Today, Saturday, the Venezuelan government and opposition signed a "wide-ranging social agreement" in the capital, Mexico, at the end of their negotiations, which are being monitored by several countries, including France, Mexico and Colombia, in addition to the United States, which welcomed the agreement and allowed the Chevron oil group to partially resume its work in Venezuela.

The two sides signed a "humanitarian" agreement centered on education, health, food security, flood response, and electricity programmes. They also agreed to continue talks on the presidential elections scheduled for 2024.

Mexican Foreign Minister Marcelo Ebrard - who made mediation efforts between the two parties - said that the agreement reached in the meeting room of a Mexico City hotel constitutes "hope for all of Latin America."

A senior US official - who wished to remain anonymous - also considered the agreement "an important step in the right direction" and said, "We join the international community that welcomed the resumption of negotiations."

In its first reaction to the signing of the agreement, the US government authorized today the Chevron oil group to partially resume exploration activities in Venezuela.

The US Treasury Department said that the group could partially resume the activities of its subsidiary in Venezuela in partnership with the Venezuelan public company, Petroleos, with the assurance that the latter “will not receive any revenues from oil sales by Chevron.”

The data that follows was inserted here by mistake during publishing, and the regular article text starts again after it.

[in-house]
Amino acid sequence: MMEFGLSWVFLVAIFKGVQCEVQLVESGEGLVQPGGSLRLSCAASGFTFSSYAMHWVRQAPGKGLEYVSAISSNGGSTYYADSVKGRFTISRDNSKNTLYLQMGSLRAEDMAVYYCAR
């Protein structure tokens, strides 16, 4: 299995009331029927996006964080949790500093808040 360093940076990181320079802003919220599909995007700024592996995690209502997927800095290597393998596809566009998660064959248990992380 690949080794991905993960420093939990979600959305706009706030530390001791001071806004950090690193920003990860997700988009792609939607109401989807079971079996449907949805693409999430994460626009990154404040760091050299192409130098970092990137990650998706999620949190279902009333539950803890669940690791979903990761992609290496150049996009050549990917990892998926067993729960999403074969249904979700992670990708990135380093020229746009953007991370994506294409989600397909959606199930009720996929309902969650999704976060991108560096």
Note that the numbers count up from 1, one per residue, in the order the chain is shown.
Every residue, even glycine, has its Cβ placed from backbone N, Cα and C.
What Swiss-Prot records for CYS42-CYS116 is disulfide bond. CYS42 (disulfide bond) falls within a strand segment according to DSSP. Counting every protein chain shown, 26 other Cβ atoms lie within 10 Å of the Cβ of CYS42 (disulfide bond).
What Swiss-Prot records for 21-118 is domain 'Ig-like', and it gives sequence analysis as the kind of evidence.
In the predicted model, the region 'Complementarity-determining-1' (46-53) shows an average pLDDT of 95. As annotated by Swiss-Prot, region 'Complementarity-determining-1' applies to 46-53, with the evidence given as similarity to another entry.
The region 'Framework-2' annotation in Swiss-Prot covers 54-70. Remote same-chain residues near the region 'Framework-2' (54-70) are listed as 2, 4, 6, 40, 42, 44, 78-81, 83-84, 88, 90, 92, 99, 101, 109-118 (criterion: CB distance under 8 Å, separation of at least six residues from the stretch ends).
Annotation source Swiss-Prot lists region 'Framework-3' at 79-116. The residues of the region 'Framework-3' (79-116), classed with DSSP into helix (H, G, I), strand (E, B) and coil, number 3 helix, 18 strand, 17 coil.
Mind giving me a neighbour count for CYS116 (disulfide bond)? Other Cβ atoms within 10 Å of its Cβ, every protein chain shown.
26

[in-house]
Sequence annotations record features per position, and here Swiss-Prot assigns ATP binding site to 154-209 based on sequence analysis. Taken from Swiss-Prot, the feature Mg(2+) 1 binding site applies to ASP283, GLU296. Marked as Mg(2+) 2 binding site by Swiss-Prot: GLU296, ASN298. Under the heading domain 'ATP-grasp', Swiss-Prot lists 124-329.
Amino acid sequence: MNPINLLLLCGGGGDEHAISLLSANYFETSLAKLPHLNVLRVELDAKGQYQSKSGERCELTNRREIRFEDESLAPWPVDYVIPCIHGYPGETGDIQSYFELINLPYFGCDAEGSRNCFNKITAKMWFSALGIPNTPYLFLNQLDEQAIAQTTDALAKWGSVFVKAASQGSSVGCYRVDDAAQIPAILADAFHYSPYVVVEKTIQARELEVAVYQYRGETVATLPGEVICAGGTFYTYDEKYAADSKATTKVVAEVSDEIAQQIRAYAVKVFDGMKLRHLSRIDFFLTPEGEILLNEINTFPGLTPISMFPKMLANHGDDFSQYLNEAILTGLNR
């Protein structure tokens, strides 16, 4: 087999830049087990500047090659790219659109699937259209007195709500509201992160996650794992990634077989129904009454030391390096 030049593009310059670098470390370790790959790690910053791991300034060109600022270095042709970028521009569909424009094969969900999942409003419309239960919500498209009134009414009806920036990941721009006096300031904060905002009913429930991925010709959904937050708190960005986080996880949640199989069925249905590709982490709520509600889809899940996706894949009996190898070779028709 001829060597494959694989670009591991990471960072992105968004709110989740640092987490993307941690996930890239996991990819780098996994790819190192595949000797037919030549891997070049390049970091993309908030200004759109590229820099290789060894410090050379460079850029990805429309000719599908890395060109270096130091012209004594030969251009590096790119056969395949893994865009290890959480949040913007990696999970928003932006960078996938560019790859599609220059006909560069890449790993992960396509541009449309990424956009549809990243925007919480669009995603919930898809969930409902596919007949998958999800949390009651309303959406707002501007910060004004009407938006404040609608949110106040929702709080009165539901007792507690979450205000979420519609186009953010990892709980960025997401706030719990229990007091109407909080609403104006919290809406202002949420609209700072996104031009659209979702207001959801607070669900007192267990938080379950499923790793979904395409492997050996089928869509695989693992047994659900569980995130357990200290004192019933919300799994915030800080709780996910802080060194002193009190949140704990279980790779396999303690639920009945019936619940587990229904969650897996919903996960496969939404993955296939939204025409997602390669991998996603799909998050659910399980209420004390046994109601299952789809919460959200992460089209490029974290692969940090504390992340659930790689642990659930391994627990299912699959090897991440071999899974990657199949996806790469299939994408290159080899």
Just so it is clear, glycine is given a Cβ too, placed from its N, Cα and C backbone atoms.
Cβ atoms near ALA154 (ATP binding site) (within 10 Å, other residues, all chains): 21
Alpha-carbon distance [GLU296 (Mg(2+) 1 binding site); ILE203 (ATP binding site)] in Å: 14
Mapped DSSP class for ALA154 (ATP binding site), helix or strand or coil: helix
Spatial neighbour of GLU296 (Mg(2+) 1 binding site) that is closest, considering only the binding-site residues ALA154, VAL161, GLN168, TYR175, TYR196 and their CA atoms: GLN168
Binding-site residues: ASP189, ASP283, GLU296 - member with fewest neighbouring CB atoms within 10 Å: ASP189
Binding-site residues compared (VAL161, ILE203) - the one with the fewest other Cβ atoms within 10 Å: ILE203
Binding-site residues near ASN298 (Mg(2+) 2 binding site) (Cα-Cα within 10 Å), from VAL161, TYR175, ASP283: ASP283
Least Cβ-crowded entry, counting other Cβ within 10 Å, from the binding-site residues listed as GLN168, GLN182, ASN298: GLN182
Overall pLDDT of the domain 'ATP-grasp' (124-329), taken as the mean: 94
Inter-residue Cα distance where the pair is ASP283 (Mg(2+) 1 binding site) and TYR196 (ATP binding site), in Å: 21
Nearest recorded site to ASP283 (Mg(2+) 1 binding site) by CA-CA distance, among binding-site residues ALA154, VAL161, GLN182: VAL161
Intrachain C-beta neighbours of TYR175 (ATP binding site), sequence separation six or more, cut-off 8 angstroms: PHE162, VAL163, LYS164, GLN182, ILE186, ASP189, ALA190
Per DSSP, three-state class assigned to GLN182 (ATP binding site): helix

And she added - in a statement - that this partial lifting of sanctions "reflects the long-term policy of the United States aimed at lifting sanctions, provided that tangible progress is made in terms of alleviating the suffering of the Venezuelan people and in support of the return of democracy" to this country.

On the other hand, a senior US administration official explained that the rest of the sanctions "will remain in place as the United States continues to implement them vigorously, and to hold accountable any individual who violates US law by being involved in corruption and disrespecting the rule of law in Venezuela."

For his part, American Bob Menendez, chairman of the Senate Foreign Affairs Committee, considered the signed agreement "an urgent and necessary step to address the misery and suffering of the Venezuelan people."

Menendez, a staunch proponent of continuing pressure on the Venezuelan government, noted that the agreement "contains no indication of (Venezuelan) President Nicolás Maduro's sudden intention to act in the interest of his people."

Venezuela is facing US and European sanctions, including an oil embargo imposed by Washington to push Maduro to step down, which exacerbated the economic crisis afflicting this country, without achieving any tangible results on the political level.

Negotiations between the Venezuelan government and opposition resumed last May, with the easing of some US sanctions, in light of the repercussions of the Russian-Ukrainian war on oil prices, which prompted Washington to re-examine its position on Caracas.

The US government has publicly acknowledged that Venezuelan hydrocarbons can be beneficial to the international market in such circumstances.

It is noteworthy that the political crisis in Venezuela has worsened since the outgoing President (Maduro) announced that he won a new term in the 2018 elections, and the opposition, as well as several international bodies, challenged its legitimacy.